Should You Worry About Heavy Metal Exposure in Your Kids? A Dietitian Weighs in on "Detoxing" (Exclusive)

Eva Hagan - Author

Jan. 22 2024, Updated 9:56 a.m. ET

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Heavy metals are all around us: in our food, environment, workplaces, and even homes. Although only some people are exposed to enough heavy metals over a long period of time to worry about heavy metal poisoning, it’s helpful to understand what heavy metals are, and how they could cause potential harm, especially when it comes to children.

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We talked exclusively with registered dietitian-nutritionist Lena Bakovic, MS, RDN, CNSC, about when heavy metals are a concern, and when a heavy metal detox is ever necessary for kids.

Please note that this article should not be taken as medical advice, and you should always consult your healthcare provider for personalized medical guidance.

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What is a heavy metal detox for kids? Is it necessary?

A heavy metal detox for kids involves using natural methods to remove metals like mercury, arsenic, lead, aluminum, and cadmium from their bodies, per Easy Detox. These metals are naturally occurring, but can become unsafe for people when exposed to high concentrations. This can lead to heavy metal poisoning, which can cause digestive and behavioral issues, fatigue, sleep problems, and headaches, Easy Detox notes.

According to Ecowiser, knowing where heavy metals come from is important for preventing exposure. Cadmium is often found in cigarettes and batteries. Arsenic can be found in drinking water, while mercury can be detected in fish and tooth fillings. Lead is found in many water pipes and old paint. Exposure can happen through food, skin absorption, and even inhalation.

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However, experts say that heavy metal detoxes are often unnecessary. Lena Bakovic, who works with Top Nutrition Coaching, tells Green Matters exclusively: “I would say that overall, the answer here is that there should rarely be a need for a detox from heavy metals for both children and adults.”

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Bakovic recommends speaking to a physician before buying a test kit or performing a detox. The registered dietitian-nutritionist also notes that people who are the most at risk are those workplaces with high levels of exposure, not children.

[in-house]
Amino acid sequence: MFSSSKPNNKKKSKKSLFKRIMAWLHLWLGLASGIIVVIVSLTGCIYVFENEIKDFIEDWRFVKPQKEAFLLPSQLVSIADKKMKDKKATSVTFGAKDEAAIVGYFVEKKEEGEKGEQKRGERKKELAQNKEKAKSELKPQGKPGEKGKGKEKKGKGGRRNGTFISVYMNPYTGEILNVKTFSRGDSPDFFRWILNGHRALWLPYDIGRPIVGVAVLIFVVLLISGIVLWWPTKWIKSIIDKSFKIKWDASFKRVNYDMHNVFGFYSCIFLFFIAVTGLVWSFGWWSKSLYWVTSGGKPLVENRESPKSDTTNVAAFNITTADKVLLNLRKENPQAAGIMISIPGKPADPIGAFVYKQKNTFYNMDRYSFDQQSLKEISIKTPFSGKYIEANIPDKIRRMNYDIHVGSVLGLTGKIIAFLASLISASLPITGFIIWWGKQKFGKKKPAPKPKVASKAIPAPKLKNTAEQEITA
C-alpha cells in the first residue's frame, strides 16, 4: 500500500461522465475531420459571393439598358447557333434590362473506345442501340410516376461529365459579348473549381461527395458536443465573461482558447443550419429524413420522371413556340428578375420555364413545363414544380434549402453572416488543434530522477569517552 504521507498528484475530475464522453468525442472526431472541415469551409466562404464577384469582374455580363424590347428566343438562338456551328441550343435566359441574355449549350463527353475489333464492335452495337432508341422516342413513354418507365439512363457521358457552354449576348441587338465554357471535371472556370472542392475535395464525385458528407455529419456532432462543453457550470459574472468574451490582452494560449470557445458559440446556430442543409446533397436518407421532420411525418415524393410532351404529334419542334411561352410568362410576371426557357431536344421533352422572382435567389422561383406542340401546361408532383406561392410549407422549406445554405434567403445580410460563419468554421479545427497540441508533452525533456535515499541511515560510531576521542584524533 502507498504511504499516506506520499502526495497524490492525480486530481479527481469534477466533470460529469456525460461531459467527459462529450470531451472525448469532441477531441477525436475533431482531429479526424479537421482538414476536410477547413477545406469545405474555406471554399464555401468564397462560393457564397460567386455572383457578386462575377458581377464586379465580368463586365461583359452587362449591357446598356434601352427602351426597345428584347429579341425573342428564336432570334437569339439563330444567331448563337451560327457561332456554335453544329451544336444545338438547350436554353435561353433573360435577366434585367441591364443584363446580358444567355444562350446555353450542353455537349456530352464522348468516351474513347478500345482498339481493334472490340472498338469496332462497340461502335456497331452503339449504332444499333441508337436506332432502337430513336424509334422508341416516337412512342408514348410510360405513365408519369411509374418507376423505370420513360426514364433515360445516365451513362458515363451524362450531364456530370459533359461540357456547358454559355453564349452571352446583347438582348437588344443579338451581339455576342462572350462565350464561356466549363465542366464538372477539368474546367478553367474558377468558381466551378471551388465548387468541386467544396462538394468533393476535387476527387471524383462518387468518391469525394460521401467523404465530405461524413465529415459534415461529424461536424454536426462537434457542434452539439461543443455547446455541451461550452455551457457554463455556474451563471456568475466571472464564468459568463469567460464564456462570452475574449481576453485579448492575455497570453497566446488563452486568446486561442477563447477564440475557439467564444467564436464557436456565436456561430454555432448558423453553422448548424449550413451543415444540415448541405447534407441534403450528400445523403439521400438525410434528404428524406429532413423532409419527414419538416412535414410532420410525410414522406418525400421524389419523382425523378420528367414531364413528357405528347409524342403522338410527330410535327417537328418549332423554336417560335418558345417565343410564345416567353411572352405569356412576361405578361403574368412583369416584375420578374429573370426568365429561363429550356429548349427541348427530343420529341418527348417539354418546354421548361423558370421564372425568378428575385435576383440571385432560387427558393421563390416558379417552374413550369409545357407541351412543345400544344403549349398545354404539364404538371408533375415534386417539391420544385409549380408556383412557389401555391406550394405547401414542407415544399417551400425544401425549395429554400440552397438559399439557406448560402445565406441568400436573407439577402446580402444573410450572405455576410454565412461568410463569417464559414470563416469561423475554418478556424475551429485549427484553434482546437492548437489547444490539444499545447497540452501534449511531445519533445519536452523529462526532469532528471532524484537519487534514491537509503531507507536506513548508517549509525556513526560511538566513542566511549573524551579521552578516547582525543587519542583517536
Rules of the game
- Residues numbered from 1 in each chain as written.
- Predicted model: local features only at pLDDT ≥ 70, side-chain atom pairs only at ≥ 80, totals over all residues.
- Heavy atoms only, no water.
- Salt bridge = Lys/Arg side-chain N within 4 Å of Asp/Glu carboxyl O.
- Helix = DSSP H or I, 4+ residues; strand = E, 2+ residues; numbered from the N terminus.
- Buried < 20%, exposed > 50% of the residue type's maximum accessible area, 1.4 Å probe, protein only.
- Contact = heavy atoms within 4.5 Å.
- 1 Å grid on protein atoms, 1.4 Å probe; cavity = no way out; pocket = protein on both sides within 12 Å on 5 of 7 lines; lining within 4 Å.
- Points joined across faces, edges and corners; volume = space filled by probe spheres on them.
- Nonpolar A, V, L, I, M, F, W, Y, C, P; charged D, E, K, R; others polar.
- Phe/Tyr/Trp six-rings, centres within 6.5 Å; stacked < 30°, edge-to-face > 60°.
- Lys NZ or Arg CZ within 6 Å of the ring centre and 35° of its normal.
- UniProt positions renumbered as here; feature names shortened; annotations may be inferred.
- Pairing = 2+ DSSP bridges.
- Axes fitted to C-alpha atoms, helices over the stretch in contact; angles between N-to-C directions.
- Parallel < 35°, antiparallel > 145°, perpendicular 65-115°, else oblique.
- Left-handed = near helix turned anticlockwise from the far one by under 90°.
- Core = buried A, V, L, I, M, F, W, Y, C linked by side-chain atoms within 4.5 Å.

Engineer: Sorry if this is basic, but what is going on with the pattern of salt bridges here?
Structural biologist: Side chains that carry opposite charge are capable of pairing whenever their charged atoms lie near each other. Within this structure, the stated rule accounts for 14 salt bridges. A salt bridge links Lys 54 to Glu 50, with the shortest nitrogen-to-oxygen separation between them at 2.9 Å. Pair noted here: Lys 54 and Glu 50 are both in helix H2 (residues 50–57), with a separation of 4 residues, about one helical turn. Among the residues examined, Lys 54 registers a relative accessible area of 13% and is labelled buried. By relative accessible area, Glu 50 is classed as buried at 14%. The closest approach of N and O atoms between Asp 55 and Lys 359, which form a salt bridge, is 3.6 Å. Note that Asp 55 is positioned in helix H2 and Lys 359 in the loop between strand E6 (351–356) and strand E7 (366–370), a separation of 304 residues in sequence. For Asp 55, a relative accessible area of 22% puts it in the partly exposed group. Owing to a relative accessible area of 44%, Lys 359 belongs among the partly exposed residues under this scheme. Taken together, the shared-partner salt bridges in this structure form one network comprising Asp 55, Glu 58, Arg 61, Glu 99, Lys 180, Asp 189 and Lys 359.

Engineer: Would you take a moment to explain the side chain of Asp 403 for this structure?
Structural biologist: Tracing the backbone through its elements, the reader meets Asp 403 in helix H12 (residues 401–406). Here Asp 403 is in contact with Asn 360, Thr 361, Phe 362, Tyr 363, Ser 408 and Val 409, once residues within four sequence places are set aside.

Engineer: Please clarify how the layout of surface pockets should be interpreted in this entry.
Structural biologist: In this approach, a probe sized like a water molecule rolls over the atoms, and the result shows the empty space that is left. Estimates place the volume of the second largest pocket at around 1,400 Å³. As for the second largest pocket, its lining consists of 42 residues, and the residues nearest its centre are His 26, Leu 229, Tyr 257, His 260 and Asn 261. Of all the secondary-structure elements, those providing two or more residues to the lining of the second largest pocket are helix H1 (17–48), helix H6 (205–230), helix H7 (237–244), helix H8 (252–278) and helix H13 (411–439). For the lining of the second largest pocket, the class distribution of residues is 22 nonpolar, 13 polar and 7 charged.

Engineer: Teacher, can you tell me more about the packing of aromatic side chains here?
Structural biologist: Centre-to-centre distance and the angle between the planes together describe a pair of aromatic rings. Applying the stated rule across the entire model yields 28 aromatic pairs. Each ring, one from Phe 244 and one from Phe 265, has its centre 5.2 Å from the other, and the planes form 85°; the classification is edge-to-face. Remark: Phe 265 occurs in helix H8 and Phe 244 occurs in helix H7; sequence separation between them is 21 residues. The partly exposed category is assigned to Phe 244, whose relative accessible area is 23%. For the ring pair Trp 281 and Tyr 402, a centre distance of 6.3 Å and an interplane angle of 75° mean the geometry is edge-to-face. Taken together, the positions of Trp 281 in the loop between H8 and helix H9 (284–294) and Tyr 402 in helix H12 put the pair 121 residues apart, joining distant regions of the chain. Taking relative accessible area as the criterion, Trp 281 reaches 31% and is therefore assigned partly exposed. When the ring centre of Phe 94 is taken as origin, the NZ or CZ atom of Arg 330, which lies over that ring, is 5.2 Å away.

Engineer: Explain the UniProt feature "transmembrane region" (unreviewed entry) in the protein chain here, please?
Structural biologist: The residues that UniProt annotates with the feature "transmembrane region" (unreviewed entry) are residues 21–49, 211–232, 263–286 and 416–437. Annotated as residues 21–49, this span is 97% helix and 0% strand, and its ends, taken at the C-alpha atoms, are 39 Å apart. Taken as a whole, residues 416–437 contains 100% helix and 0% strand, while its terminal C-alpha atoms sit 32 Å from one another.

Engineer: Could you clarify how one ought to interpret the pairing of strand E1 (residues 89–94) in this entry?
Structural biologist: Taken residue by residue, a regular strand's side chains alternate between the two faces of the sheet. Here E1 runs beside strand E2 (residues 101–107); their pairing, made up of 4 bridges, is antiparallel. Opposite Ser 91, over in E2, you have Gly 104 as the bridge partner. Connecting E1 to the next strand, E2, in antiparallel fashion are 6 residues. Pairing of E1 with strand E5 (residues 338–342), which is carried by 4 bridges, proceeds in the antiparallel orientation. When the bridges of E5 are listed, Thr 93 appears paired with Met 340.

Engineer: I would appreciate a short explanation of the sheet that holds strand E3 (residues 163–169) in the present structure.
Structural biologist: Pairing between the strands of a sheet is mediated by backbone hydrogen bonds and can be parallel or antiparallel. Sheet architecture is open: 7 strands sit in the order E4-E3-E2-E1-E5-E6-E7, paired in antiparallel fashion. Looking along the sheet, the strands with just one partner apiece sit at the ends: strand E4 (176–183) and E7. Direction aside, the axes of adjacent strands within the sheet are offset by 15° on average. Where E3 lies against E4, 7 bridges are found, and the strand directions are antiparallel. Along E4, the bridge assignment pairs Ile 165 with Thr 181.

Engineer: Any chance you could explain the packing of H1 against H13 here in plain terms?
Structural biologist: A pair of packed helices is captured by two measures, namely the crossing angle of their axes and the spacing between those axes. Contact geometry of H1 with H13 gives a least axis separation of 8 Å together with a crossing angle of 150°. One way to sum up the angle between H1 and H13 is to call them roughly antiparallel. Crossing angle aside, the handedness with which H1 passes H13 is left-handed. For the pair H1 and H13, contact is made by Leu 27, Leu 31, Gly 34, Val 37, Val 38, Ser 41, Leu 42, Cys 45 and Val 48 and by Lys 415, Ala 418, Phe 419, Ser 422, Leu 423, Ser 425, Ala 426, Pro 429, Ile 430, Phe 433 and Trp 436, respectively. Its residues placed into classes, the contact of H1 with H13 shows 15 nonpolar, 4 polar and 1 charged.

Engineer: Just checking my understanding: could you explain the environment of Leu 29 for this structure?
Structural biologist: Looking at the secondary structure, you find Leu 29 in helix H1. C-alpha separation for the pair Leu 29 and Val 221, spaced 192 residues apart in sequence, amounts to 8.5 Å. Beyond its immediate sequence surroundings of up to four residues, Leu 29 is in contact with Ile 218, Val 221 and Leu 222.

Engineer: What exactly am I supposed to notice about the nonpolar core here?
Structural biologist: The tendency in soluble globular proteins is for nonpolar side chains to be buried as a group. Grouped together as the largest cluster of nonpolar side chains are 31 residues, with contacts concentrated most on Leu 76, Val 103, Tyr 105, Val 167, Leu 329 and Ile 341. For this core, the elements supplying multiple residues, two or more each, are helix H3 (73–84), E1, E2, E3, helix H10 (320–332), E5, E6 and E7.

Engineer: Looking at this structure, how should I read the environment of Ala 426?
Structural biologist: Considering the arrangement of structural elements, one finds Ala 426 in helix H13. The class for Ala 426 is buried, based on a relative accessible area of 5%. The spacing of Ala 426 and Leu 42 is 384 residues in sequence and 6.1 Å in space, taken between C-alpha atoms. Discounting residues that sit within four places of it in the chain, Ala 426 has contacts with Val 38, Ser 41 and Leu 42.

Bakovic tells Green Matters exclusively:

“Toxicity happens when we are exposed to high levels of heavy metals over an extended period of time. An example of this would be living in a household with lead paint or drinking lead-containing water for a prolonged period of time. The FDA has assessed the lead content of baby cereals and certain fruit juices, but the consensus from child nutrition experts is that these potential food-related lead exposures are minimal, if that.”

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How can kids detox from heavy metals?

Still, if heavy metal exposure seems to be a problem for you and your family, there are some detox methods.

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According to Bakovic, it’s best practice to try to avoid heavy metal exposure altogether if you are worried, but remember it’s not possible to avoid exposure completely. She tells Green Matters that avoiding eating fish high in mercury content would help lower exposure.

"Another example would be arsenic exposure associated with tobacco smoke — kids residing in households where there are smokers may have higher arsenic exposure levels," she says.

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Besides this, there are some safe detox methods you can try. According to Westchase Chiropractic and Wellness, you can give your kid a detox bath full of Epsom salts that could help flush out toxins because of their magnesium content.

The company also notes that making sure your child is eating a balanced diet that is full of vitamins and nutrients can help them grow healthily.

But again, if you are worried that your child was exposed to excess heavy metals, take them to see a doctor as soon as possible.

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